- Have each team give presentations about how they interact with other teams. At larger companies, department heads can record videos and lower-level leaders can lead sessions. At smaller companies (and really all companies), the more people can hear directly from leadership the better.
- Create 30/60/90 day plans! These plans should help people understand what to expect and what is expected of them. Very important tip here is to involve managers, but make it as easy for them as humanly possible. Provide extremely thoughtful and baked out templates. Do not give them ambiguous tasks at any point in the onboarding process, or they simply won’t get done.
- Schedule coffee chats! Understanding the organization starts with meeting people in the orgs. Some caveats:
- Do not schedule coffee chats back to back. Scattered coffee chats should be with people of different levels and on different teams to help get people introduced to “the way things work” at the company
- Help employees tie their goals and expectations back to OKRs or your company equivalent
Remote vs. hybrid vs. IRL implications
- Leadership sessions are easier to call into remotely than to schedule across different offices on the same day
Introduction to your company to your new hires as if it were a human, with all the nuance that comes with it, puts new hires at ease and provides them with the foundation they need to feel confident and equipped to get started.
Integrate new hires into your culture
Help people navigate connections and culture as if they already knew a ton of people at your company. Successful integration means employees have somewhere to go for questions they might be embarrassed to ask their manager, they understand your culture and feel like they can jump into it, have multiple contacts across various departments, etc.
(Fun fact: I cross-boarded to a software engineering role from a sales engineering role at a previous company, and couldn’t stop telling people how relieved I was that I felt comfortable asking “stupid” questions — it shortened my ramp by what felt like orders of magnitude.)
- Introduce yourself and their manager for questions. Provide FAQs ahead of time (dress code, whether remote or in-person), contacts for different types of questions, etc.
- Again, coffee chats!! With people all over the company.
- Assign onboarding buddies, and similar to empowering managers with 30/60/90 day plans, be extremely helpful and prescriptive about what a buddy should do. (We send automated Slack messages to buddies almost every day of their buddy’s first week detailing a small thing they should do that day, and send reminders on an ongoing basis.)
- Provide FAQs and contacts for any questions that come up — don’t just hand people off to managers never to hear from you, the people they’ve interfaced with most, again.
- Make sure buddies stay in touch. At Sora, we send reminders to buddies to check in at least once a month. The point is to build long-lasting relationships!
Remote vs. hybrid vs. IRL implications
- Fabricating “watercooler” moments remotely is hard, but we have to try. Welcome lunches and/or happy hours should be scheduled, even for remote employees, and fun Slack / email intros help quite a bit. At Sora, we ask an employee some silly questions before they start, and send their answers to the team on their first day. We’ve also seen fun debates that get the whole team involved, like “In-N-Out or Shake Shack” or “would you rather fight for your life against 1,000 chicken-sized horses or one horse-sized chicken.” 😂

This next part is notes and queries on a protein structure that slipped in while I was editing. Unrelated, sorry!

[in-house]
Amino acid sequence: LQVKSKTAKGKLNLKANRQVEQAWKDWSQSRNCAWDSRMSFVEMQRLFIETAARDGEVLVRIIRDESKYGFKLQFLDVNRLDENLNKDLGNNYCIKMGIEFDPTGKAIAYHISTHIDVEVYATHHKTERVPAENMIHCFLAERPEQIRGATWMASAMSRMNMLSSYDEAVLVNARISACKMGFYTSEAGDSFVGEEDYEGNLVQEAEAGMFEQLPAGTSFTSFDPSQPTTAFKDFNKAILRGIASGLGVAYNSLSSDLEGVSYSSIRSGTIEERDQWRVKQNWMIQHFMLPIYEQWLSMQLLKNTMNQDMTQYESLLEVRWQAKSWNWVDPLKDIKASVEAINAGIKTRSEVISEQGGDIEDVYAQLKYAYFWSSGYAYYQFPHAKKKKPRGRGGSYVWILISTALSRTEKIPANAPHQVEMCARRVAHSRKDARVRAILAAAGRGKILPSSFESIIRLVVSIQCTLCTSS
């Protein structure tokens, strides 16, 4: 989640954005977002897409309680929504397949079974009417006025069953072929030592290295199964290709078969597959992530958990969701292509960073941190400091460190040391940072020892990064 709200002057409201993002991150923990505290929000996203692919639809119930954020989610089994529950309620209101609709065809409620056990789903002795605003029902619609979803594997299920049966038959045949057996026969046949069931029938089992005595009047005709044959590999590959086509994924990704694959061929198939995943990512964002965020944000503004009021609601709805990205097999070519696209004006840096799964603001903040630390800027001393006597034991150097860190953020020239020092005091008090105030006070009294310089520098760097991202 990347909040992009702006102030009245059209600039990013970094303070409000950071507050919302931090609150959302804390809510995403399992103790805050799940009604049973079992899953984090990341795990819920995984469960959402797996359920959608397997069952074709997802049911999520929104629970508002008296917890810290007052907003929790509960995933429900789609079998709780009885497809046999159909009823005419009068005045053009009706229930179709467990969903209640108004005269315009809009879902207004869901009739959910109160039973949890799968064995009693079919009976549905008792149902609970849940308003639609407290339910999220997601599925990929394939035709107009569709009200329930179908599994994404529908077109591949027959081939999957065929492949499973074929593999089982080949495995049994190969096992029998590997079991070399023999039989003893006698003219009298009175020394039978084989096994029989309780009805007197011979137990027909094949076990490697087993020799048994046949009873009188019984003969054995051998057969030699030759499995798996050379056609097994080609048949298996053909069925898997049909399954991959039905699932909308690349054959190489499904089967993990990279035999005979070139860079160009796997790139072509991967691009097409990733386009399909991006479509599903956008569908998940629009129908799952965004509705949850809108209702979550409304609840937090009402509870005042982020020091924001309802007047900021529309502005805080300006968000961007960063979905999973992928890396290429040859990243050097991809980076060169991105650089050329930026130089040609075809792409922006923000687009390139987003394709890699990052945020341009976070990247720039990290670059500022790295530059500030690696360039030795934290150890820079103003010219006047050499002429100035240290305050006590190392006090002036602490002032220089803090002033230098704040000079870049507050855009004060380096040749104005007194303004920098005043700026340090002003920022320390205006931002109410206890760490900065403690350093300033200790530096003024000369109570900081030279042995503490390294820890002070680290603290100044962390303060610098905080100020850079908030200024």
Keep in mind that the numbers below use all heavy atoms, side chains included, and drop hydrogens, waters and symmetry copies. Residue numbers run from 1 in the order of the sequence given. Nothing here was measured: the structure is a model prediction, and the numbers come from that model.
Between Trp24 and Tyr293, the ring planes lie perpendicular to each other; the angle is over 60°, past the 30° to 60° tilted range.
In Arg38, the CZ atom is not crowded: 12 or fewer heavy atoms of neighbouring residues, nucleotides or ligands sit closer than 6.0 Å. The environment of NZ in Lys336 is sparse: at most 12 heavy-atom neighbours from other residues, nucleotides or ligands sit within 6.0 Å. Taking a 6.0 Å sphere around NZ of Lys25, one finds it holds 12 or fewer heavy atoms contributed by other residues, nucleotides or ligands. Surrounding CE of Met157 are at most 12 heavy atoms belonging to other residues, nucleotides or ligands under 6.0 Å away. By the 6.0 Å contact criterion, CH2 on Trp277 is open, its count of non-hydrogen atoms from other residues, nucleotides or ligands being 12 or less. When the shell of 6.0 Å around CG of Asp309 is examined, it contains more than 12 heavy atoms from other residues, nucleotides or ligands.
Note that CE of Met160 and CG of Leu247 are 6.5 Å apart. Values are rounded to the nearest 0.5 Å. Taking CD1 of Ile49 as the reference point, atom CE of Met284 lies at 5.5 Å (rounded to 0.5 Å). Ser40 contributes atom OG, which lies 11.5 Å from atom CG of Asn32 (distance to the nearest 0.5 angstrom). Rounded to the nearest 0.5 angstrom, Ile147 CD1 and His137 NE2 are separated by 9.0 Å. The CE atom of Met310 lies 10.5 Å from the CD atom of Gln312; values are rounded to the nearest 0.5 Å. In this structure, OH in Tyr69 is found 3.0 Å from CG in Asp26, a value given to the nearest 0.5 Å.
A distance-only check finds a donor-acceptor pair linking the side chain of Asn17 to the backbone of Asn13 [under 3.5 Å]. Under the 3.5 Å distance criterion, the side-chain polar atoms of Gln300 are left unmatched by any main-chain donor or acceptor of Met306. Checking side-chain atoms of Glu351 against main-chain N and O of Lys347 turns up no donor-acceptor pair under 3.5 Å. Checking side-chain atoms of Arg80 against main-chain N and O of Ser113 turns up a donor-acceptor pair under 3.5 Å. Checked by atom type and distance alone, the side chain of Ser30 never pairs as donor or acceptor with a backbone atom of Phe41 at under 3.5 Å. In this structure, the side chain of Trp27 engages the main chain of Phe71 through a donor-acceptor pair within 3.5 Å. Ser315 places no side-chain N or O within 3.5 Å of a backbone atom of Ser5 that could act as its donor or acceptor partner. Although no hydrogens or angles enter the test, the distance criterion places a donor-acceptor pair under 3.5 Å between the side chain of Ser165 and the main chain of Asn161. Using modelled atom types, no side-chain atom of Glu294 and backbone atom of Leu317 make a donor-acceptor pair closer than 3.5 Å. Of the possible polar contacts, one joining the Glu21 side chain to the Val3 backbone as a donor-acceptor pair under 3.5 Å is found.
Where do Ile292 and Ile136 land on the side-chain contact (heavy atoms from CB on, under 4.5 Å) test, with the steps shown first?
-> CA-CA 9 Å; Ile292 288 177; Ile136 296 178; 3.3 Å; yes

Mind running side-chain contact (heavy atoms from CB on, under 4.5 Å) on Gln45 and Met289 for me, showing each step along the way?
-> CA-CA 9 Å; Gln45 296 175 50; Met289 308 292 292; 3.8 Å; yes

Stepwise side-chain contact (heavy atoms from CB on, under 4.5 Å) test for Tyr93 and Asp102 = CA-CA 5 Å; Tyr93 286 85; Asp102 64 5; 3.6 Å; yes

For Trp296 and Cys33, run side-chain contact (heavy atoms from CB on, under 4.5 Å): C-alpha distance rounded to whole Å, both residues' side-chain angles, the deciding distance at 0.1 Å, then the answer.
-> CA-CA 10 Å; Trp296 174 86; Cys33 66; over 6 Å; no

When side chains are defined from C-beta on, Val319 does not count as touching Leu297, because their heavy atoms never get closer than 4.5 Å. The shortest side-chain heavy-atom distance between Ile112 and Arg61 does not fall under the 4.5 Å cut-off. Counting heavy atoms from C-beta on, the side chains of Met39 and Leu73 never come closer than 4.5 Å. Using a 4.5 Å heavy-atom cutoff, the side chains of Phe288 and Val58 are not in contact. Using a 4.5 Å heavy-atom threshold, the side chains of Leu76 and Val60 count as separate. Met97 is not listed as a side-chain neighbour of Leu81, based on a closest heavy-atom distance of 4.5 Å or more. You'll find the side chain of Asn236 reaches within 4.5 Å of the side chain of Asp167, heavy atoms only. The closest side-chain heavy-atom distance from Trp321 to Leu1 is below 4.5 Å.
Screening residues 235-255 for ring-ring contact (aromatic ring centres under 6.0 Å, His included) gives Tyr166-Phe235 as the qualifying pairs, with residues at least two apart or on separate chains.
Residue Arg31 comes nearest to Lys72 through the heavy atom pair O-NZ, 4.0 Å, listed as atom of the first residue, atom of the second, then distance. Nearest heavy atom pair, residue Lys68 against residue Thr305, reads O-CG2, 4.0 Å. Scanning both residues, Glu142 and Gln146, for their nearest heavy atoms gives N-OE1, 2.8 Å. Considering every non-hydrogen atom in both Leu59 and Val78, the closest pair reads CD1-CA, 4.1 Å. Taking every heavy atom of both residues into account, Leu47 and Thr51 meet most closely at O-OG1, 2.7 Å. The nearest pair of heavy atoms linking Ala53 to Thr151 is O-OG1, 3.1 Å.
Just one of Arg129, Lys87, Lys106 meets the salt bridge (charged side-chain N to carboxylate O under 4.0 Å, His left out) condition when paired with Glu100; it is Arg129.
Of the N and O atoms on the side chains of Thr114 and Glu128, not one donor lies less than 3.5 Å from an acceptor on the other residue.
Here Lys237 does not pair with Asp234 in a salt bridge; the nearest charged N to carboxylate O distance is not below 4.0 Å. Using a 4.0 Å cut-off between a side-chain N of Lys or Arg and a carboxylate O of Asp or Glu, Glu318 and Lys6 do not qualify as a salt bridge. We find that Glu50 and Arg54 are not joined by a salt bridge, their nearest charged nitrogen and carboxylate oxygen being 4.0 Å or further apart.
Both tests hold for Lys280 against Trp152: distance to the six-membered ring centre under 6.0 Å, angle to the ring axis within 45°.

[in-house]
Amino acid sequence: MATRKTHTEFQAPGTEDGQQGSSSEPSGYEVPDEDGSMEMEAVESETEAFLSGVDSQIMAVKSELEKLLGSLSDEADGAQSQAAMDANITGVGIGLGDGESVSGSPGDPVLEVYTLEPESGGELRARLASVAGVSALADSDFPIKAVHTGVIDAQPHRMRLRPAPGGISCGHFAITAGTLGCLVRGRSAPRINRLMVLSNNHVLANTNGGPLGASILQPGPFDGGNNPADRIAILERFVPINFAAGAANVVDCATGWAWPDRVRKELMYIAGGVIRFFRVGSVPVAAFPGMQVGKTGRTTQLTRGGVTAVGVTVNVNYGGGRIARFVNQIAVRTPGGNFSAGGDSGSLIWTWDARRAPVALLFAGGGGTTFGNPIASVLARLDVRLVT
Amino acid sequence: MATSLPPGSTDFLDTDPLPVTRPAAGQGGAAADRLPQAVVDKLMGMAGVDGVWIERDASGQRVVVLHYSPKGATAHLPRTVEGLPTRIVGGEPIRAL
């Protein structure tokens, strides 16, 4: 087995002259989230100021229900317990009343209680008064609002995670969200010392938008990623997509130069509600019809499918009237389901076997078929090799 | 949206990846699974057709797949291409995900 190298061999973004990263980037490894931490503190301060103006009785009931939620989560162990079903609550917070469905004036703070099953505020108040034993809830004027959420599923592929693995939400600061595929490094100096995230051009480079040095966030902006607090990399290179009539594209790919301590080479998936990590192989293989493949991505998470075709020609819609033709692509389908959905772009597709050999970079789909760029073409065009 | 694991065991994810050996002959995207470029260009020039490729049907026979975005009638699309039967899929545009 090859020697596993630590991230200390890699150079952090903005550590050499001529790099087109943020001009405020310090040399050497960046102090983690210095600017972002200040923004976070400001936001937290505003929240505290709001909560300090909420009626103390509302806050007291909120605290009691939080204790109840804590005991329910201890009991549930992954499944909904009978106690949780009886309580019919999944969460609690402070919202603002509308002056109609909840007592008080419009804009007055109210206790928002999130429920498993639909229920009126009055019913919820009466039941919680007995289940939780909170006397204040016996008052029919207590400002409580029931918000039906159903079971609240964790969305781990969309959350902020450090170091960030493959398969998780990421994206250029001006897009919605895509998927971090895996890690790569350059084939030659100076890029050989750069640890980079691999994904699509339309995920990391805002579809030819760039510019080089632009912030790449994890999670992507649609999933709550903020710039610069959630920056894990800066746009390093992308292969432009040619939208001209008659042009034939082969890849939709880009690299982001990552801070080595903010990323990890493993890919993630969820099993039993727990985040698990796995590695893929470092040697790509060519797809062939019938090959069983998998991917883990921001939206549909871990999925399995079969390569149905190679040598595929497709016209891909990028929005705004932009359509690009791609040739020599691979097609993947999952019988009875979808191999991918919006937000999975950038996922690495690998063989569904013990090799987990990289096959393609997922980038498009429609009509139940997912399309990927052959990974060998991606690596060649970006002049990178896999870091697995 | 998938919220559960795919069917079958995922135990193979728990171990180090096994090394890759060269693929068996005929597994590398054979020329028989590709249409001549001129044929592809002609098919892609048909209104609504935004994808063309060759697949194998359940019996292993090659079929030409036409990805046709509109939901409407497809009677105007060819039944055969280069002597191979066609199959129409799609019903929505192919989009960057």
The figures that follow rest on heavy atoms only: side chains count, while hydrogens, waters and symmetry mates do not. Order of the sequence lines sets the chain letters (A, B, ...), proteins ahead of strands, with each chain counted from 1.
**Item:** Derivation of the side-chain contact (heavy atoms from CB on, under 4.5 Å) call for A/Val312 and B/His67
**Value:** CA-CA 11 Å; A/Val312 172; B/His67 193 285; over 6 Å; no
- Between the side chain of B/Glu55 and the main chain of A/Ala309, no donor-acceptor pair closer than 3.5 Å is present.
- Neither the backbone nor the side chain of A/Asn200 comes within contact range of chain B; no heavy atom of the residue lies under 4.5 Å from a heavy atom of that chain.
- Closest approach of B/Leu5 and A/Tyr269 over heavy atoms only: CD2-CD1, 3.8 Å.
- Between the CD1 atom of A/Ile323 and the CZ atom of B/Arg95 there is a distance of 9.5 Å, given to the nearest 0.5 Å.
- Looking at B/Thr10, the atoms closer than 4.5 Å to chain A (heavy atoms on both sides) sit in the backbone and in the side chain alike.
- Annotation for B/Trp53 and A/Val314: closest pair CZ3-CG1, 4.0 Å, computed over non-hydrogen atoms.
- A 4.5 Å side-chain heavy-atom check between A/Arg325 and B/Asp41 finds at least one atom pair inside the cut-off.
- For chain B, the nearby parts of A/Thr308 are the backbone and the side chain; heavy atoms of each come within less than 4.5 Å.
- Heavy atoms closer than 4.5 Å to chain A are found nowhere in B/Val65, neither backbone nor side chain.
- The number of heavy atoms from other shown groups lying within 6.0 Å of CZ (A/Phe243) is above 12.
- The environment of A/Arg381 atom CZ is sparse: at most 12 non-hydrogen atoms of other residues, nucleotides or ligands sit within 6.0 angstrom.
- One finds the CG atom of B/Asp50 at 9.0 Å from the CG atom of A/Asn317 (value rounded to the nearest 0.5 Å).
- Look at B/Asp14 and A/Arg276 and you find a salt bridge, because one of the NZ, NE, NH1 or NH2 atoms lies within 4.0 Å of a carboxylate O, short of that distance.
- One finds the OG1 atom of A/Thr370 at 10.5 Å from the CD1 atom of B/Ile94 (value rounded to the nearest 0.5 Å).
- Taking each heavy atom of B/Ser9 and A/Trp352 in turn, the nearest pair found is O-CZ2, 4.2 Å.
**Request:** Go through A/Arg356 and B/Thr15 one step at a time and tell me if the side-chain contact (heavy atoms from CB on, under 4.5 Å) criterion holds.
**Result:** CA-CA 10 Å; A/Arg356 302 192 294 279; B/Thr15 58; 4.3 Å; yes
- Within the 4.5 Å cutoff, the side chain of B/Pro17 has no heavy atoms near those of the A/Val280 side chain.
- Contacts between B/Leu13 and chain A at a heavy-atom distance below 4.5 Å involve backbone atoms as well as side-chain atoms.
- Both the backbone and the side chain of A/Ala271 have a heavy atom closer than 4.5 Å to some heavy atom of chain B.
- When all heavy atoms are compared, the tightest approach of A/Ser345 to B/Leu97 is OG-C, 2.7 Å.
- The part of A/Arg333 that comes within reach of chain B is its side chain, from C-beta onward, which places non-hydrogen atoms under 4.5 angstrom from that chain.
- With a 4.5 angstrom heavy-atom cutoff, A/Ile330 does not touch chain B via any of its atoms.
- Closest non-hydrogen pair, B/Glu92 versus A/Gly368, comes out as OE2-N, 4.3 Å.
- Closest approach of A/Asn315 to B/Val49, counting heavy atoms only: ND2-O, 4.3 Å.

Great onboarding programs intentionally integrate new employees into their company culture and don’t leave it all up to the employee to find their way around.
Ramp up talent as soon as possible
Without proper ramp of sales team members, sales targets might be missed. Without efficient ramping of recruiters, hiring targets are missed (which has all kinds of downstream effects, from sales targets missed to customers lacking the attention they need to <insert every company goal ever here>). The list goes on — all company goals rely on effective onboarding.
- Send any reading if desired, but ideally just emphasize rest :) the most important thing a new hire can do is bring their best self to work on their first day.
- Tell new hires what to expect during onboarding!!!!!!
- Send them their calendar and literally tell them what will happen — they won’t be able to log into their calendar until their first day.
- Continue to tell them what to expect during onboarding!!!!!!
- Let employees track their progress of their ramp and take ownership of it.
- Think about company skills: how does someone succeed at your company specifically?
- From culture-related things they probably need to learn (relevant to integration above) to common acronyms used that they’ll probably need to understand sooner rather than later to join conversations.
- 30/60/90 day plans are the absolute star here. Enforce them!
- Enforce 30/60/90 check-ins from managers.
- Perform 30/60/90 check-ins from the People team as well!
- Relate first performance cycle to onboarding ramp plans.
Remote vs. hybrid vs. IRL implications
- Remote employees could use more buddies! At Sora, we give new hires one buddy on their team and one buddy in a completely different org — one they’re less likely to come in contact with super often. They serve completely different but equally important purposes.
Ramping employees as efficiently and effectively as possible is the most business-critical component of your onboarding program, and you can do a lot to empower managers and ensure quality and consistency.
Putting it all together
Hopefully you can walk away from reading this with one tactic you’ll incorporate in your onboarding process, or at least a plan to create your own plan based on your company’s onboarding goals.
But if you forget everything about specific goals and tactics, remember these two most important themes to weave into your onboarding process.
- Connection — to goals and expectations, to colleagues, to the company; and
- Preparation — for their day to day navigation, setting them up for success with the tools they need, and their performance, setting them up for success with the skills they need to be productive, motivated employees
These themes are super obvious ties to the core goals of any business, and particularly any People team, that I mentioned earlier — retention, engagement, and productivity. So if you need a compelling pitch to your C Suite about why it’s extremely important to invest in a great onboarding process, this is it. Everything we build out in our onboarding program boils down to connection and preparation, which are directly related to these outcomes.
An amazing onboarding process really can incorporate all of this. It’s just about sitting down to map out what a thoughtful process would look like at your company.